In an embodiment, venue group tuples may be applied to problems that involve fixing an approximated dimension while allowing other dimensions to be flexible. For example and without limitation, venue group may be the fixed dimension, such as collection of data from only a subset of stores, and the other dimensions may remain flexible. In an example of a problem to which the venue group tuples technique may be applied, the data may be approximated along at least one dimension and other dimensions may need to remain flexible. In another example, there may be a desire to process large amounts of data like discrete analytical data for purposes such as reporting where performance of querying is a significant issue. In another example, the data problem must involve a time series where facts of some kind may be collected over a period of time. In another example, flexibility may be needed in the data reporting such that full pre-aggregation of all reports may not be desired. Venue group tuples may be applied to panel measurement of any sort of consumer panel, such as television panels, ratings panels, opinion polls, and the like. Venue group tuples may be applied to forecasting data. The forecasted data may be made into tuples and queried just like current data. Venue group tuples may be applied to clinical trial design and analysis. The patient population may be a sample of the actual patient population being studied. Various patient attributes may be used to aggregate the data using venue group tuples. Venue group tuples may be applied to compliance management. Total compliance may be predicted based on samples. The effect of compliance may be based on different attributes of the population. Venue group tuples may be applied to estimated data alignment. Estimated data alignment may occur when there exists a detailed sample of data from a set of data where an estimate is desired and a broad data set that covers the aggregate. Venue group tuples may be applied to data mining to provide faster data sets for many types of data mining.

In embodiments, a binary facility 128 may be associated with the data mart 118. The binary 128 or bitmap index may be generated in response to a user input, such as and without limitation a specification of which dimension or dimensions should be flexible. Alternatively or additionally, the binary 128 may be generated in advance, such as and without limitation according to a default value. The binary 128 may be embodied as a binary and/or or may be provided by a database management system, relational or otherwise.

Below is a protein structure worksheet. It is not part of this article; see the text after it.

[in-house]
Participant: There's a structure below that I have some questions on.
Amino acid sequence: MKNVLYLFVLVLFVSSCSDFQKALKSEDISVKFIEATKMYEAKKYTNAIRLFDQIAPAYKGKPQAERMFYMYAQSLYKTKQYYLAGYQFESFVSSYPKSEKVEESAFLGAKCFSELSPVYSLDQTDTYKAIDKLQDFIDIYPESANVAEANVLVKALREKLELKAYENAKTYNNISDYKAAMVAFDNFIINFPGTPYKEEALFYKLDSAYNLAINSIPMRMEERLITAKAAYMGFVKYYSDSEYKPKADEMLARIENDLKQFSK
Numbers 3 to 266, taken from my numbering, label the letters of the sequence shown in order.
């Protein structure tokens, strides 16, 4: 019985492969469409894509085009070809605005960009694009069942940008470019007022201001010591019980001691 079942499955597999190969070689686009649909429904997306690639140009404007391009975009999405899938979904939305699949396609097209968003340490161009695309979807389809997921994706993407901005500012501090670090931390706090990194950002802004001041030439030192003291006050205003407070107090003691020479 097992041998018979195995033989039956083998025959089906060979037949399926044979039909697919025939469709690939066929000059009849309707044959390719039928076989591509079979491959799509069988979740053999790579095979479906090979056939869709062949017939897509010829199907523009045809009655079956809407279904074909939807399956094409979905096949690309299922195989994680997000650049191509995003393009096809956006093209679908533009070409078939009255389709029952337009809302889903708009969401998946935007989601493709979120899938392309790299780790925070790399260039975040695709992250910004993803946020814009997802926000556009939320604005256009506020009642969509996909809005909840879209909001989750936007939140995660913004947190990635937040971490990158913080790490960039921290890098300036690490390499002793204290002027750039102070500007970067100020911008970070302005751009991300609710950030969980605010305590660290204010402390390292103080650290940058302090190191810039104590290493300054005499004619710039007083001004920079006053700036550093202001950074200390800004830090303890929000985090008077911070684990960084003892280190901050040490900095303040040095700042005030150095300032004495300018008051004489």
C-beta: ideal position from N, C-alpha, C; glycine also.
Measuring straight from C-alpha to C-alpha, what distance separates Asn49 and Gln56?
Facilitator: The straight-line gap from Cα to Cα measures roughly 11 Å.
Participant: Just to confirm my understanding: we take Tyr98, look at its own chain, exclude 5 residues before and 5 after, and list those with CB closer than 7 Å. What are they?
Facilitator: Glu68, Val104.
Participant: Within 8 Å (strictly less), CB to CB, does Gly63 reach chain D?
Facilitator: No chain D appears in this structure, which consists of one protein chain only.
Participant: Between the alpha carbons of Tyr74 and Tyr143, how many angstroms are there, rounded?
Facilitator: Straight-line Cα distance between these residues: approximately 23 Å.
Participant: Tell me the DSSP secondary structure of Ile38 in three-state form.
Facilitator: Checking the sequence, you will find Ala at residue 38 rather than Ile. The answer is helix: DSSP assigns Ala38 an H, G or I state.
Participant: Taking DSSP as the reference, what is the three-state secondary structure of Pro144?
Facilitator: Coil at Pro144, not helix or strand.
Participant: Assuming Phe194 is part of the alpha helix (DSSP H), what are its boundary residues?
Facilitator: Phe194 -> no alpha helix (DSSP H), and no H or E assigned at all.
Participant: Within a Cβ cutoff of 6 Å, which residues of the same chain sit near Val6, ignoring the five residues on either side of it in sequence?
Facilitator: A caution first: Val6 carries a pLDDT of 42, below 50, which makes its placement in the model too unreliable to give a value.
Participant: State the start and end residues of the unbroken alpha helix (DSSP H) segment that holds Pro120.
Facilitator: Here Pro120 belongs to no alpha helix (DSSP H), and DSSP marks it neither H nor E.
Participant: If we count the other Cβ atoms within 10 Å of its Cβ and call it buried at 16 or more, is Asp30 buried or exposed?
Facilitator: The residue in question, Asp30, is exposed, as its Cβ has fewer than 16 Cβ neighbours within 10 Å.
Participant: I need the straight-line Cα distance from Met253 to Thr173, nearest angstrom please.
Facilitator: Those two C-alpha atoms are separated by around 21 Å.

In embodiments, a dimensional compression facility 129 may be associated with the data mart 118. The dimensional compression facility 129 may perform operations, procedures, calculations, data manipulations, and the like, which are in part designed to compress a dataset using techniques, such as a causal bitmap fake. A causal bitmap fake facility 130 may be associated with the data mart 118. A causal bitmap may refer to a collection of various attributes in a data set that are associated with causal facts, such as facts about whether a product was discounted, the nature of the display for a product, whether a product was a subject of a special promotion, whether the product was present in a store at all, and many others. It is possible to analyze and store a pre-aggregated set of data reflecting all possible permutations and combinations of the attributes potentially present in the causal bitmap; however, the resulting dataset may be very large and burdensome when components of the platform 100 perform calculations, resulting in slow run times. Also, the resulting aggregated data set may contain many combinations and permutations for which there is no analytic interest. The causal bitmap fake facility 130 may be used to reduce the number of permutations and combinations down to a data set that only includes those that are of analytic interest. Thus, the causal bitmap fake 130 may include creation of an intermediate representation of permutations and combinations of attributes of a causal bitmap, where permutations and combinations are pre-selected for their analytic interest in order to reduce the number of permutations and combinations that are stored for purposes of further analysis or calculation. The causal bitmap fake 130 compression technique may improve query performance and reduce processing time.